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The introduction of Sprungwedeln, a new approach to the effective shortswing system of skiing, is climaxed this week with demonstrations by Willy Schaeffler, SPORTS ILLUSTRATED Contributing Editor, on the use of the ski pole. Last week Schaeffler showed that it is perfectly possible to make smooth, connected turns using only leg and body action to provide lift and turning force, the two essentials of any fast turn. It follows that the pole is best used as a booster force, not the basic force, in a turn. Any day on the slope you can see skiers trying to do most of their lifting and turning With their poles, completely neglecting leg and body action. The result is slow, ungraceful skiing. The arms simply cannot supply the right moves as quickly as the powerful muscles of the body and legs. On the following pages Schaeffler shows you how to blend the movements of the poles into the basic leg and body action of the short-swing that he demonstrated in Part I. Three of the pole handling exercises are valuable maneuvers in their own right and will add to your repertory of shortswing turns. All the exercises will increases your ability to handle any slope with ease.
Sprungwedeln in place
The first exercise of Part II is a jump turn in place with two poles at once; the second (bottom of the page) is a jump turn in place with alternate poles. These two exercises allow you to think about handling your poles without having to worry about handling terrain at the same time. The exercises preserve the weight shift and counterswivel learned in Part I. Each exercise starts with a jump turn to the right. You spring up and to your left, carrying the tails of the skis in the direction of the arrow, leaving the ski tips in the same spot (red dot). Simultaneously, your upper body counterswivels quickly to move your hands from your right to your left.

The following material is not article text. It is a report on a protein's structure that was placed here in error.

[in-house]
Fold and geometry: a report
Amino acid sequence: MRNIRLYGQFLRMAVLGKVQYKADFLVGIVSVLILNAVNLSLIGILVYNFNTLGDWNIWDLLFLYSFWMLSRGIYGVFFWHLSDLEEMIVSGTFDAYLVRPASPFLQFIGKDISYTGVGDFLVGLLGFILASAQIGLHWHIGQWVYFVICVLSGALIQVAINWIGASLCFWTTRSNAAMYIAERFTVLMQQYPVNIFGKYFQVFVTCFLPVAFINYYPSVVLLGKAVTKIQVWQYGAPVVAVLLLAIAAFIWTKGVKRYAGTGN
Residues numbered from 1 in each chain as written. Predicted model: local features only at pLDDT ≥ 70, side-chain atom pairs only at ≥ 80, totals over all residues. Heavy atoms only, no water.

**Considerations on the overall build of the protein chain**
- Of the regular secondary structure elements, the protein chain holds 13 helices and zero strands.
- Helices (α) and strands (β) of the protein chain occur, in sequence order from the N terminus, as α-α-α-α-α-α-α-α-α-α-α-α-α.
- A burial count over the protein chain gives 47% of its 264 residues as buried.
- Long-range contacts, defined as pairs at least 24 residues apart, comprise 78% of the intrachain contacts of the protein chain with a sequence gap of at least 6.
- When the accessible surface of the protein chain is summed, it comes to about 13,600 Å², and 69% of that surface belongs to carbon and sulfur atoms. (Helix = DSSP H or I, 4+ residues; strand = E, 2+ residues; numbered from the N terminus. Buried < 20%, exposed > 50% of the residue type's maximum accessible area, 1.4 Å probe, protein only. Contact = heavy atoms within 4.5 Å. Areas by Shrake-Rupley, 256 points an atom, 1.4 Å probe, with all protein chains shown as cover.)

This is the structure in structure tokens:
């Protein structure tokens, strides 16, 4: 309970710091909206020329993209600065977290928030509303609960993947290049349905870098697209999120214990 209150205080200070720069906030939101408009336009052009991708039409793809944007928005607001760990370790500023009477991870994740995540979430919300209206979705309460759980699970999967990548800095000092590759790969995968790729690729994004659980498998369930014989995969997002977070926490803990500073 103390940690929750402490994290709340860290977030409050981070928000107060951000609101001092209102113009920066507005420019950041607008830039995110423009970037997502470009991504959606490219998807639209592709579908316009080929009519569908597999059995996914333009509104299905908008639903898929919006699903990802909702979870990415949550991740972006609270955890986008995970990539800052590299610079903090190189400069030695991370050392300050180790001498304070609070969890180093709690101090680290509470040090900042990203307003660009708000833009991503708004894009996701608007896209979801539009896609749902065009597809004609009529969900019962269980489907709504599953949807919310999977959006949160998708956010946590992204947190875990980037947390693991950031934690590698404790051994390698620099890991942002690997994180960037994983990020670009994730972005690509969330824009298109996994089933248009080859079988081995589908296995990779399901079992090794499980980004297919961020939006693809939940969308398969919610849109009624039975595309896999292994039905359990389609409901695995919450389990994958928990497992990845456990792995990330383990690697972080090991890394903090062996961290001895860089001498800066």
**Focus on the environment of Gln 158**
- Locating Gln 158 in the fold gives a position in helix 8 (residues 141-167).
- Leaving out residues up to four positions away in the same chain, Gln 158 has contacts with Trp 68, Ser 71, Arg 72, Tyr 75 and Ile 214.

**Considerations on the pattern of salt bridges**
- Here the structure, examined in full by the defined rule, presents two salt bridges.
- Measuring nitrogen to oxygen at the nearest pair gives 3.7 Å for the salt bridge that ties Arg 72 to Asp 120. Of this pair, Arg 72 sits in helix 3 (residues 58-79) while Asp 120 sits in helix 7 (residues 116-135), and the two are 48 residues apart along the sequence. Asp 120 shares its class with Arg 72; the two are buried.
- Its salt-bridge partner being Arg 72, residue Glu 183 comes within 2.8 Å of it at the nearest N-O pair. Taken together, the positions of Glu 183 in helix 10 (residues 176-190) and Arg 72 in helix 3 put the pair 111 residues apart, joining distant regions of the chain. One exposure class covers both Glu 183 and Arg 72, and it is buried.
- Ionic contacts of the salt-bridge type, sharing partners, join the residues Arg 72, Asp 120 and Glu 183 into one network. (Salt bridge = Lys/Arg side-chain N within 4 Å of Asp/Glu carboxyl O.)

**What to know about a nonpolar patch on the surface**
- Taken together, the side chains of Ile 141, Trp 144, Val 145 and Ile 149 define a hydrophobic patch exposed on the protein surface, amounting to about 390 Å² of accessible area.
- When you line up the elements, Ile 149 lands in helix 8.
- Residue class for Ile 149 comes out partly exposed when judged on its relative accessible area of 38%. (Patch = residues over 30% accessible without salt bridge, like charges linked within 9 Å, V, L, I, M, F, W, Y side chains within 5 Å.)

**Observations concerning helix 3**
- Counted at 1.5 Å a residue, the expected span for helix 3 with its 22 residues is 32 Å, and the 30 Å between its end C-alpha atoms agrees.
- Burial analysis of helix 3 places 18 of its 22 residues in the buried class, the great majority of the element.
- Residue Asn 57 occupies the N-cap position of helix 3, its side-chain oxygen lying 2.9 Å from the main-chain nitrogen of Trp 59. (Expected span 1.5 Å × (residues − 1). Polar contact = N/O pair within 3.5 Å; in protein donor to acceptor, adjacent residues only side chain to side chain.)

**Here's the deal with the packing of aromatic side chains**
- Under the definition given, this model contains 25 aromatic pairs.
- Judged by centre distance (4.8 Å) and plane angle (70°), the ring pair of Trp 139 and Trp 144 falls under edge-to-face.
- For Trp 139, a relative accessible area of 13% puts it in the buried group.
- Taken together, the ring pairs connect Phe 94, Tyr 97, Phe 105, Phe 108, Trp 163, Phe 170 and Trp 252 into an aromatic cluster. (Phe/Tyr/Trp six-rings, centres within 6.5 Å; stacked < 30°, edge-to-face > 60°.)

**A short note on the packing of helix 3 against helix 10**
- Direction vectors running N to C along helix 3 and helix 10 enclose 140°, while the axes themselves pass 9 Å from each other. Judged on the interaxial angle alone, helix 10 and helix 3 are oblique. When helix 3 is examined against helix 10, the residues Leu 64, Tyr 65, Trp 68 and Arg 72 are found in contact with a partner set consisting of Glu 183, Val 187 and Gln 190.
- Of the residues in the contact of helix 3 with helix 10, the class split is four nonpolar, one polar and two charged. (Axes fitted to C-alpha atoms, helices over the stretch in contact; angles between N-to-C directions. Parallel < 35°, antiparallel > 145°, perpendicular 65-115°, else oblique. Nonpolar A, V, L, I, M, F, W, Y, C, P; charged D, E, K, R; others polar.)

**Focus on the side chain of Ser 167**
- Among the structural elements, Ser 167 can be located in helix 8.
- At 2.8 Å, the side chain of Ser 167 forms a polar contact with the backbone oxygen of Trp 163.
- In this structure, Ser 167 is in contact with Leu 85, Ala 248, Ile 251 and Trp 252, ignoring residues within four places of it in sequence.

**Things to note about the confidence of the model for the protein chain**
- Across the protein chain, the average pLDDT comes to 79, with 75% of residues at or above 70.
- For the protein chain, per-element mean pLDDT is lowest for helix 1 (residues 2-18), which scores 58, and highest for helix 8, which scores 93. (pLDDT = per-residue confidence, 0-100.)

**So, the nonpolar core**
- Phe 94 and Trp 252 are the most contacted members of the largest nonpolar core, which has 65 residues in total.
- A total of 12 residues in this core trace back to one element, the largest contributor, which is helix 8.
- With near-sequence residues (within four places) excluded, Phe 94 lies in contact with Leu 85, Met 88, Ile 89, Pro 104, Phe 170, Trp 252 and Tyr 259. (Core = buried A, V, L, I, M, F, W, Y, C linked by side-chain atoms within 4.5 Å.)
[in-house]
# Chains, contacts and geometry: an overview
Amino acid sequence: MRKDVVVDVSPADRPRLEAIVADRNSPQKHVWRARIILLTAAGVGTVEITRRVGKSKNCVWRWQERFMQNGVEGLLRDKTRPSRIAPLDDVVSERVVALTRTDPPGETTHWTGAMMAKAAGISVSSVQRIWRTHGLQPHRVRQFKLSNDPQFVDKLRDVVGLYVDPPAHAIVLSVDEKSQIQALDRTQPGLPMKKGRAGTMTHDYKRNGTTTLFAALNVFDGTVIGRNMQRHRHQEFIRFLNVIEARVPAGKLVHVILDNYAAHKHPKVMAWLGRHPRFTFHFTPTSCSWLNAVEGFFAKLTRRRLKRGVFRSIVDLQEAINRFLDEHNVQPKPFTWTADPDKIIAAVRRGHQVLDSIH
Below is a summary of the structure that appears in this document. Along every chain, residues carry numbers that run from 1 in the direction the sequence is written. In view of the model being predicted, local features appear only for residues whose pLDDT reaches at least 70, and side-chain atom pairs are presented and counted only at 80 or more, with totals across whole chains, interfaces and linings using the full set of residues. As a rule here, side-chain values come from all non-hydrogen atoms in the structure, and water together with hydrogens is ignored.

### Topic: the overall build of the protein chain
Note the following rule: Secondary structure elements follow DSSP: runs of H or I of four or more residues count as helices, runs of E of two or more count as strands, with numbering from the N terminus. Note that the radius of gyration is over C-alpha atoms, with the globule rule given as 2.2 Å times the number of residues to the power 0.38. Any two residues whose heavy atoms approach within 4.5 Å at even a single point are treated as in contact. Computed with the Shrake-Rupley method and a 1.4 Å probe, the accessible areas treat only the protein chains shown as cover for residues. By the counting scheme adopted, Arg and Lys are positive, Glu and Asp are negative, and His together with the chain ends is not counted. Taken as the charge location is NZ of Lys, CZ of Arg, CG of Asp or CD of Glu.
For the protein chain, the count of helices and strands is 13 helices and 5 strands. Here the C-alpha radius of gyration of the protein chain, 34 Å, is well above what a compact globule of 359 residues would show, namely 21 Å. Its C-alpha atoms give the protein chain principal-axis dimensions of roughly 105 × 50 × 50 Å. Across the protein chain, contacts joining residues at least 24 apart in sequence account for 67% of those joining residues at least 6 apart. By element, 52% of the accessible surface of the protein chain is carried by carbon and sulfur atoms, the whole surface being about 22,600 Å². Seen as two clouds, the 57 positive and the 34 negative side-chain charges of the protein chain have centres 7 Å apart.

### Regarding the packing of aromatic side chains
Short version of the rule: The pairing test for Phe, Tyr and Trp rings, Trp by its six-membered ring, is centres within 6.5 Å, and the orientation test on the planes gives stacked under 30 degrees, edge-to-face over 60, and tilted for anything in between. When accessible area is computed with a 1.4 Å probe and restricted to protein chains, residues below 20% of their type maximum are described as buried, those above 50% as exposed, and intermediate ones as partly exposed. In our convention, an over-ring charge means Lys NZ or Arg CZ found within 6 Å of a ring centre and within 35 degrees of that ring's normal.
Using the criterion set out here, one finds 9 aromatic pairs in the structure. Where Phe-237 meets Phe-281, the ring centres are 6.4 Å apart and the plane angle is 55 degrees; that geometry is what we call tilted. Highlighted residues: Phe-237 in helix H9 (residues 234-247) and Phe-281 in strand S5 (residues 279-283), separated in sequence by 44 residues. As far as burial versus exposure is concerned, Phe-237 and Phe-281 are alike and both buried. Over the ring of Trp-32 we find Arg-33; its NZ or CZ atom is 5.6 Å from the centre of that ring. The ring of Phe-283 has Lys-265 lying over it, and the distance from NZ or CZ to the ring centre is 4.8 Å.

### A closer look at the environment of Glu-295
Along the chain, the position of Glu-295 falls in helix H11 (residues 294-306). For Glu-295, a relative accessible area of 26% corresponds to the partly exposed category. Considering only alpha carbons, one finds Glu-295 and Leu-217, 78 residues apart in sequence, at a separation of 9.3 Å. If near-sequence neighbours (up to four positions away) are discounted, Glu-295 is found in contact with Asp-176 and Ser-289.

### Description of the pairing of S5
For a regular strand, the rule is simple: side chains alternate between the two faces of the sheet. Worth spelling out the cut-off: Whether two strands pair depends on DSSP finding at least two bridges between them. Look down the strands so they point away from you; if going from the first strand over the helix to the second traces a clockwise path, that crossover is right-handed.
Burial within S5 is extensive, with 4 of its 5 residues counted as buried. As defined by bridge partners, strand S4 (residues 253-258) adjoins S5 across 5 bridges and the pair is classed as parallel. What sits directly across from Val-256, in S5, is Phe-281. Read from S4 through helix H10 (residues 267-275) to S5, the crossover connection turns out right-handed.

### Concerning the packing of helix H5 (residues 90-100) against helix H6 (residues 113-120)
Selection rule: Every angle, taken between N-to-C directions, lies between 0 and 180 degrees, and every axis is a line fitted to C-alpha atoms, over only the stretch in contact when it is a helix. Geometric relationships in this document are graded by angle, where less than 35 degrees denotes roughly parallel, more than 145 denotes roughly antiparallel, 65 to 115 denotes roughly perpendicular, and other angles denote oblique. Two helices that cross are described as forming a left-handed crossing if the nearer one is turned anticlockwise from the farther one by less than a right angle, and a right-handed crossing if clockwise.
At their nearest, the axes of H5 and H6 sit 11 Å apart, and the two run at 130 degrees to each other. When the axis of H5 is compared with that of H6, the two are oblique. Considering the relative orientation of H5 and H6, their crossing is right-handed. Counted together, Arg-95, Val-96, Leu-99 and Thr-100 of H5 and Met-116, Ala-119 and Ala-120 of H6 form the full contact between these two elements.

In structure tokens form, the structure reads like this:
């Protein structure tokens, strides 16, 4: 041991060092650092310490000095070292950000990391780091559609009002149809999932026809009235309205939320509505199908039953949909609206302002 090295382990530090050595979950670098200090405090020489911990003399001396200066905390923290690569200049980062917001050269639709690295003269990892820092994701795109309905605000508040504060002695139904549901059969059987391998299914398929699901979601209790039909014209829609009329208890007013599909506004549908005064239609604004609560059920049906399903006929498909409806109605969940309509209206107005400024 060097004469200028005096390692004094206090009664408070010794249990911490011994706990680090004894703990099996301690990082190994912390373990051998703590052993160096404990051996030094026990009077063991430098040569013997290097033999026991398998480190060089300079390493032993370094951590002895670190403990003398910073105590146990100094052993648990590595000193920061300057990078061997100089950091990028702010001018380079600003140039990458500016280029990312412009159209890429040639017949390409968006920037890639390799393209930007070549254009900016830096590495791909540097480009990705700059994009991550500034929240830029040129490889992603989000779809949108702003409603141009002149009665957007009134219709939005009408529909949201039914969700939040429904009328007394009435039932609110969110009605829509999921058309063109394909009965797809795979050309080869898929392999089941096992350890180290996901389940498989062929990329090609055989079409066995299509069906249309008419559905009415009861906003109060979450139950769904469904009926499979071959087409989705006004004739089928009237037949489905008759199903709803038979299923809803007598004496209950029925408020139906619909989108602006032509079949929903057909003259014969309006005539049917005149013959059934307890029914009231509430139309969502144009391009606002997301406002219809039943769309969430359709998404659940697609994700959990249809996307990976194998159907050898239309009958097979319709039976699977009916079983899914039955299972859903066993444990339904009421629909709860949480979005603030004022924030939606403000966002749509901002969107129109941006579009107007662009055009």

Poles go into snow just ahead of boots. Upper body counterswivels to comma position. Legs spring and swing the tails of skis in the direction of arrow. Right hand bears down on pole to help legs swing skis. Upper body counterswivels, moving hands in direction of arrow. Knees bend to soften landing, start new turn to left.
Right pole goes into the snow just ahead of boot. Left pole is free. As legs spring, right hand bears down on pole to help, then pulls pole out by moving across front of body. Left hand moves out, ready to plant pole when skier lands. Then skier jumps back again. The cycle is repeated rapidly from side to side to simulate actual Wedeln.
Traverse Wedeln: across the hill
Traverse Wedeln gives you your first practice in placing the pole while you are moving down the hill. At the beginning of the turn, counterswivel to start your heel push (uppermost figure) and, from the comma position, plant your downhill pole gently. (If you jab hard, the pole will jump back at you and throw you off balance.) In planting the pole, the upper arm on the downhill side hangs fairly close to your body, while the forearm extends at right angles to the direction of the skis. Plant the basket end of the pole halfway out to the ski tip, make your leg spring and, as you approach the basket, bear down on the pole. Then the counterswivel of your upper body moves your hand forward and in to pull the pole out of the snow. Pick an easy traverse, keep your arm relaxed until the moment when it bears on the pole and follow the pattern of hand movement in relation to ski movement that is set up by the exercises on the page opposite. In the traverse Wedeln you first learn to combine the thrust from the poles with the thrust of the legs. This produces greater lifting and turning than leg spring alone can give. In contrast to all the sequences you have learned so far, traverse Wedeln is not merely an exercise, but a shortswing maneuver in its own right. You can use traverse Wedeln to your advantage whenever you run a trail that traverses the face of a steep hill.
Start in traverse line, counterswivel upper body to comma position to begin heel push to the downhill side.
At end of heel push, plant downhill pole, start leg spring. Bear down on pole and swing the tails of the skis.
As tails swing up, downhill hand moves forward, uphill hand goes back and out, ready to plant the pole.